Trump goes on an early morning tweetstorm to defend himself as ‘a very stable genius’

The tweets appear to be in direct response to a Fox News segment.

U.S. President Donald Trump speaks during a meeting in the Roosevelt Room of the White House (Photo by Alex Wong/Getty Images)
U.S. President Donald Trump speaks during a meeting in the Roosevelt Room of the White House (Photo by Alex Wong/Getty Images)

President Donald Trump took to Twitter early Saturday morning to mount what the New York Times characterized as an “extraordinary defense” of his mental health, describing himself as “being, like, really smart” and “a very stable genius.”

Trump accused his critics of using the “old Ronald Reagan playbook” against him — presumably referring to lingering questions over whether President Reagan may have displayed early signs of dementia while in office, before he was officially diagnosed with Alzheimer’s in 1994.

Immediately after Trump sent off his tweets, several media outlets characterized his early morning outburst as in response to Michael Wolff’s new bookFire and Fury: Inside Trump’s White Housewhich paints a picture of a chaotic Trump administration led by an erratic and unstable president.


But there’s another link at play here. It appears Trump was starting his day — as he often does — by watching his favorite TV show, Fox & Friends, and live tweeting from his account in direct response to Fox’s programming.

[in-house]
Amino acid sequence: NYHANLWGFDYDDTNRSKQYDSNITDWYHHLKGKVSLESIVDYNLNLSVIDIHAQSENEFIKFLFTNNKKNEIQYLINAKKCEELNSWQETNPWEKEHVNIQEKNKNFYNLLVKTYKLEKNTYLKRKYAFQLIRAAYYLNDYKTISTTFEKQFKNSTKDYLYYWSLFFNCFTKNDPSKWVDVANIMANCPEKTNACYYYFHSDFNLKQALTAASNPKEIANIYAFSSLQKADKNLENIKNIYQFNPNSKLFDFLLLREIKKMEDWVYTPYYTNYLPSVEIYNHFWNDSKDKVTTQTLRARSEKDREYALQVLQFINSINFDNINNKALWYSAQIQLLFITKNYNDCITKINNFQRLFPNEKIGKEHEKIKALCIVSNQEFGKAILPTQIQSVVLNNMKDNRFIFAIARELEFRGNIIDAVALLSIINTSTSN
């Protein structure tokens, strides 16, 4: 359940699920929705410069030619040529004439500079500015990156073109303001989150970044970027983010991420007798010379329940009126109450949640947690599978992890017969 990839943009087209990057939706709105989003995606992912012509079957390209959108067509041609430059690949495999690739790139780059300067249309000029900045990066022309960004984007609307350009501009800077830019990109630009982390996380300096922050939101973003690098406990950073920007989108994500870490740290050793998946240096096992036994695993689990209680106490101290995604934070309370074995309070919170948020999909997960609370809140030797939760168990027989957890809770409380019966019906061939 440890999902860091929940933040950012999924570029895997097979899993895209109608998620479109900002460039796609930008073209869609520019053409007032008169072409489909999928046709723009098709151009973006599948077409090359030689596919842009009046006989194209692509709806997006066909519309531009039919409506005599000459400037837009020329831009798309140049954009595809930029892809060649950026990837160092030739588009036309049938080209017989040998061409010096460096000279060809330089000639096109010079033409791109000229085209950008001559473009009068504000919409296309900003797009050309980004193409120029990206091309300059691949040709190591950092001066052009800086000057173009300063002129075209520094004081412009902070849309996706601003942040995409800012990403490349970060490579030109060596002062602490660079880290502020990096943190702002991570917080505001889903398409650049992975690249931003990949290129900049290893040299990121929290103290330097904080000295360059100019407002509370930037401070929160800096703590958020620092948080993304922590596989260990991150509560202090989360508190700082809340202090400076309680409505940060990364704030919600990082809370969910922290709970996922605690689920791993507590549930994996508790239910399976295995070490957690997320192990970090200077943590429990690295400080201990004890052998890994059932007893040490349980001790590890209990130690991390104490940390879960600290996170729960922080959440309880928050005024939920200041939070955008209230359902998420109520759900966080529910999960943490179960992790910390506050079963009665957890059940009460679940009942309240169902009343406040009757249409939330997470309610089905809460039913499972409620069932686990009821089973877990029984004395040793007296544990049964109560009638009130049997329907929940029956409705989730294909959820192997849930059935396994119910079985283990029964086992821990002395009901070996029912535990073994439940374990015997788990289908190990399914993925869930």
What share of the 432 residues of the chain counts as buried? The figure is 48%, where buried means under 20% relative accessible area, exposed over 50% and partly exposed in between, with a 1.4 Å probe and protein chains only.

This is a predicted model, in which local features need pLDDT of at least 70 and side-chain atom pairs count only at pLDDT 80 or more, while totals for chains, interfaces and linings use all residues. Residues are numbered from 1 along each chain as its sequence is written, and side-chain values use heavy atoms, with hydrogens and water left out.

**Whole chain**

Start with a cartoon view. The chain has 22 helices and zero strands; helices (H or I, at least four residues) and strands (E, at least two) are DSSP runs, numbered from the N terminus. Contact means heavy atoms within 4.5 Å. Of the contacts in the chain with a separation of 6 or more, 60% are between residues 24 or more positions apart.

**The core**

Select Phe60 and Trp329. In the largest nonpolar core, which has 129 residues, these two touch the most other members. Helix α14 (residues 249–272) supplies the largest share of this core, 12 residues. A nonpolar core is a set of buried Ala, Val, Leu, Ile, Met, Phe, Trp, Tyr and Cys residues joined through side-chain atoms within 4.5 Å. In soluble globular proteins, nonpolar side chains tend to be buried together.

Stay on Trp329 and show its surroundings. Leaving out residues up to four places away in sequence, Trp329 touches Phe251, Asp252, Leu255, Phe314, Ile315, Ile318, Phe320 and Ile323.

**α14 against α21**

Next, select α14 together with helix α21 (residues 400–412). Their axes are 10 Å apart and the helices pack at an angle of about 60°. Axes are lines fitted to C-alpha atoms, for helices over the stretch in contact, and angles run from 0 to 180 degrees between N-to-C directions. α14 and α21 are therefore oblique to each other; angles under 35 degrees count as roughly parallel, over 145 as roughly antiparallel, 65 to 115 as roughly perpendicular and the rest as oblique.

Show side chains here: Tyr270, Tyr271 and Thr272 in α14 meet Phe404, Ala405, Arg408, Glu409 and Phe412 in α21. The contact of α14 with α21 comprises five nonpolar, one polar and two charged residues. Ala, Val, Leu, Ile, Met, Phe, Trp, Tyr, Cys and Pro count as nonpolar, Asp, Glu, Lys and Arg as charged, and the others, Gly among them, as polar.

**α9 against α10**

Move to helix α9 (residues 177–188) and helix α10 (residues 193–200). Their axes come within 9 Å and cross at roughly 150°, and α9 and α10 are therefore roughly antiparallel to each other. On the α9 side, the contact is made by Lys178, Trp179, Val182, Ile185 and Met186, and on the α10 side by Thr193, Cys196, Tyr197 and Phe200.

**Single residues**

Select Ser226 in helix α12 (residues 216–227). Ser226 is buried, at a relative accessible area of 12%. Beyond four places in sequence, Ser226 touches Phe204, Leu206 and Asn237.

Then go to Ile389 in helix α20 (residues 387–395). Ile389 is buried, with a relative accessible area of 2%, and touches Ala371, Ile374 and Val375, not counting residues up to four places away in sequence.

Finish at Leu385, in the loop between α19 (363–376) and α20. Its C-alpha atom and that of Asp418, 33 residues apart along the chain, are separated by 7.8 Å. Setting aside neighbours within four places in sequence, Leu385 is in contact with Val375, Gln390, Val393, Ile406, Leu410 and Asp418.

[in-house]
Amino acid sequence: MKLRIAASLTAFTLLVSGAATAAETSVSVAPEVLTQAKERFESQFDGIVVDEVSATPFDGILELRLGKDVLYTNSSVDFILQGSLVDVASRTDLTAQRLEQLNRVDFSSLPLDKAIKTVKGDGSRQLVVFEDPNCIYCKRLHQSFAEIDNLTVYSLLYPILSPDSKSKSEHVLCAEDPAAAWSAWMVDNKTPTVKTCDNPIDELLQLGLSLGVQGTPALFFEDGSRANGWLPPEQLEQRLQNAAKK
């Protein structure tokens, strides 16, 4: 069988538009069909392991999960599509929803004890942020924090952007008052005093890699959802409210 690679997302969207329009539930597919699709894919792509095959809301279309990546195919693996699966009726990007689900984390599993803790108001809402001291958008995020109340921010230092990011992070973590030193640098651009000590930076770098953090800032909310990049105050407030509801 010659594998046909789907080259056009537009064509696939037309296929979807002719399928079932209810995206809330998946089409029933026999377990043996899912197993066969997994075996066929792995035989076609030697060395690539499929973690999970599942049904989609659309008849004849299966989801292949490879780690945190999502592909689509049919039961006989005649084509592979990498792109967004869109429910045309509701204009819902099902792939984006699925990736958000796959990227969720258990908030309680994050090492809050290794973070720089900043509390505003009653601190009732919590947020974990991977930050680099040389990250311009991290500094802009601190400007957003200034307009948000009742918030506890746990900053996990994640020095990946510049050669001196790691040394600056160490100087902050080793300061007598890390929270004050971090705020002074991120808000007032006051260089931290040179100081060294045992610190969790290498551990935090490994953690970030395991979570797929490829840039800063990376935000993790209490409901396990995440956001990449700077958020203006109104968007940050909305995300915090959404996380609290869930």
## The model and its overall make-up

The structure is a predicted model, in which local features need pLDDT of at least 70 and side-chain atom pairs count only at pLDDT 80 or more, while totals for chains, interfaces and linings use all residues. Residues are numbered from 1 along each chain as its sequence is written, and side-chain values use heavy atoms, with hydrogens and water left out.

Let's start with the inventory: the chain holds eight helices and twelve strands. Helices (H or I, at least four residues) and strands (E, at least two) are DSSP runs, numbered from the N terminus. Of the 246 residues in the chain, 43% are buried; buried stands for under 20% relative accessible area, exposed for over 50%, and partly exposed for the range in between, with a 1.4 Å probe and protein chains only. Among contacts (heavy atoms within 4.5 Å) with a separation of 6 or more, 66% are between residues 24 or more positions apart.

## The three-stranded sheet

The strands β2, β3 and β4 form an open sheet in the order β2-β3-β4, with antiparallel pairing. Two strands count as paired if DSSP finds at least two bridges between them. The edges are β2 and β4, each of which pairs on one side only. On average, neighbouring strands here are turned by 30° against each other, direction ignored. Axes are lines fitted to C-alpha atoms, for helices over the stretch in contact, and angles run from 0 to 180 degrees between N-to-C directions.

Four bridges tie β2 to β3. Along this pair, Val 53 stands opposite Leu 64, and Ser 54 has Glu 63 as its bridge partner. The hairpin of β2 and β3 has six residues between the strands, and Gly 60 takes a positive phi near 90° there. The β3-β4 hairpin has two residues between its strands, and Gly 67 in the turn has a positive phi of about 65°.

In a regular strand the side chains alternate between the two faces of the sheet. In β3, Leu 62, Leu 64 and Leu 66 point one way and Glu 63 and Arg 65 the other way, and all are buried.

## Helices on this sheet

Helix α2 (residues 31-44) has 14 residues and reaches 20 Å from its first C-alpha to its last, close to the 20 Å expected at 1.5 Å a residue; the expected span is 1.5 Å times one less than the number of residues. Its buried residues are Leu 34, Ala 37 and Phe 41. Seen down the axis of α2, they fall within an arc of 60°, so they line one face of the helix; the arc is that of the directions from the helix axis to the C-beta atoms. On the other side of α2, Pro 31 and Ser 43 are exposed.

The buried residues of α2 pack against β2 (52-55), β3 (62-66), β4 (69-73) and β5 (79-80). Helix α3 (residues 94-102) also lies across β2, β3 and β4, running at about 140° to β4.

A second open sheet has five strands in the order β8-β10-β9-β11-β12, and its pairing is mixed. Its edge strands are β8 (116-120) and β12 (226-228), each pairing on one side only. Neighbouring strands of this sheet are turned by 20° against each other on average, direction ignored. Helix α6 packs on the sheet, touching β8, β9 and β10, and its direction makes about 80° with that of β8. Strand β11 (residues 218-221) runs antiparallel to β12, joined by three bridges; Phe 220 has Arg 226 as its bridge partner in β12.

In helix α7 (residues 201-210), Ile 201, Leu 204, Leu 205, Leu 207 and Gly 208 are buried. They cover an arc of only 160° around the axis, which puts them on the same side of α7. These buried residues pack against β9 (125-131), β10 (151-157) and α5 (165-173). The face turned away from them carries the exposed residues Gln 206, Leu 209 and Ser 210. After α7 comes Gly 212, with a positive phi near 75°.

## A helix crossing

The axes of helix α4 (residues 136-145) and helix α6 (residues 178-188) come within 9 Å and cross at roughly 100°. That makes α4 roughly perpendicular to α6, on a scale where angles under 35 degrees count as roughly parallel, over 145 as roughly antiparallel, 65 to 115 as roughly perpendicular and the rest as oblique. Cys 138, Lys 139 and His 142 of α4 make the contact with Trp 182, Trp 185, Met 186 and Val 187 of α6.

About ten minutes before Trump published his tweetstorm, a Fox & Friends panel was engaged in a discussion about the recent questions raised about Trump’s mental health.

As Media Matters’ Matt Gertz has extensively documented, there’s a feedback loop between Trump and Fox News that’s even more extreme than what typically gets reported in the mainstream media. Trump’s early morning tweetstorms — which often end up shaping that day’s coverage priorities in the national press — typically line up with the topics discussed on Fox & Friends, which airs from 6:00 am to 9:00 am ET.


Even aside from the juicy anecdotes that litter Wolff’s new book — which includes some details that have not been independently confirmed by media outlets — there has been an increased focus on Trump’s mental health recently. Particularly following the president’s tweets taunting North Korean leader Kim Jong Un about not having as big of a “nuclear button” as Trump does, some Democratic lawmakers say they’re growing worried about Trump’s potential mental instability.

A Yale psychiatrist briefed a handful of lawmakers about Trump’s mental fitness for office last month, a meeting that was first reported by Politico. Psychologists are typically not supposed to comment on their opinions about the mental health of people who aren’t under their direct care, and some medical professionals have been sharply critical of the public discussion swirling around Trump.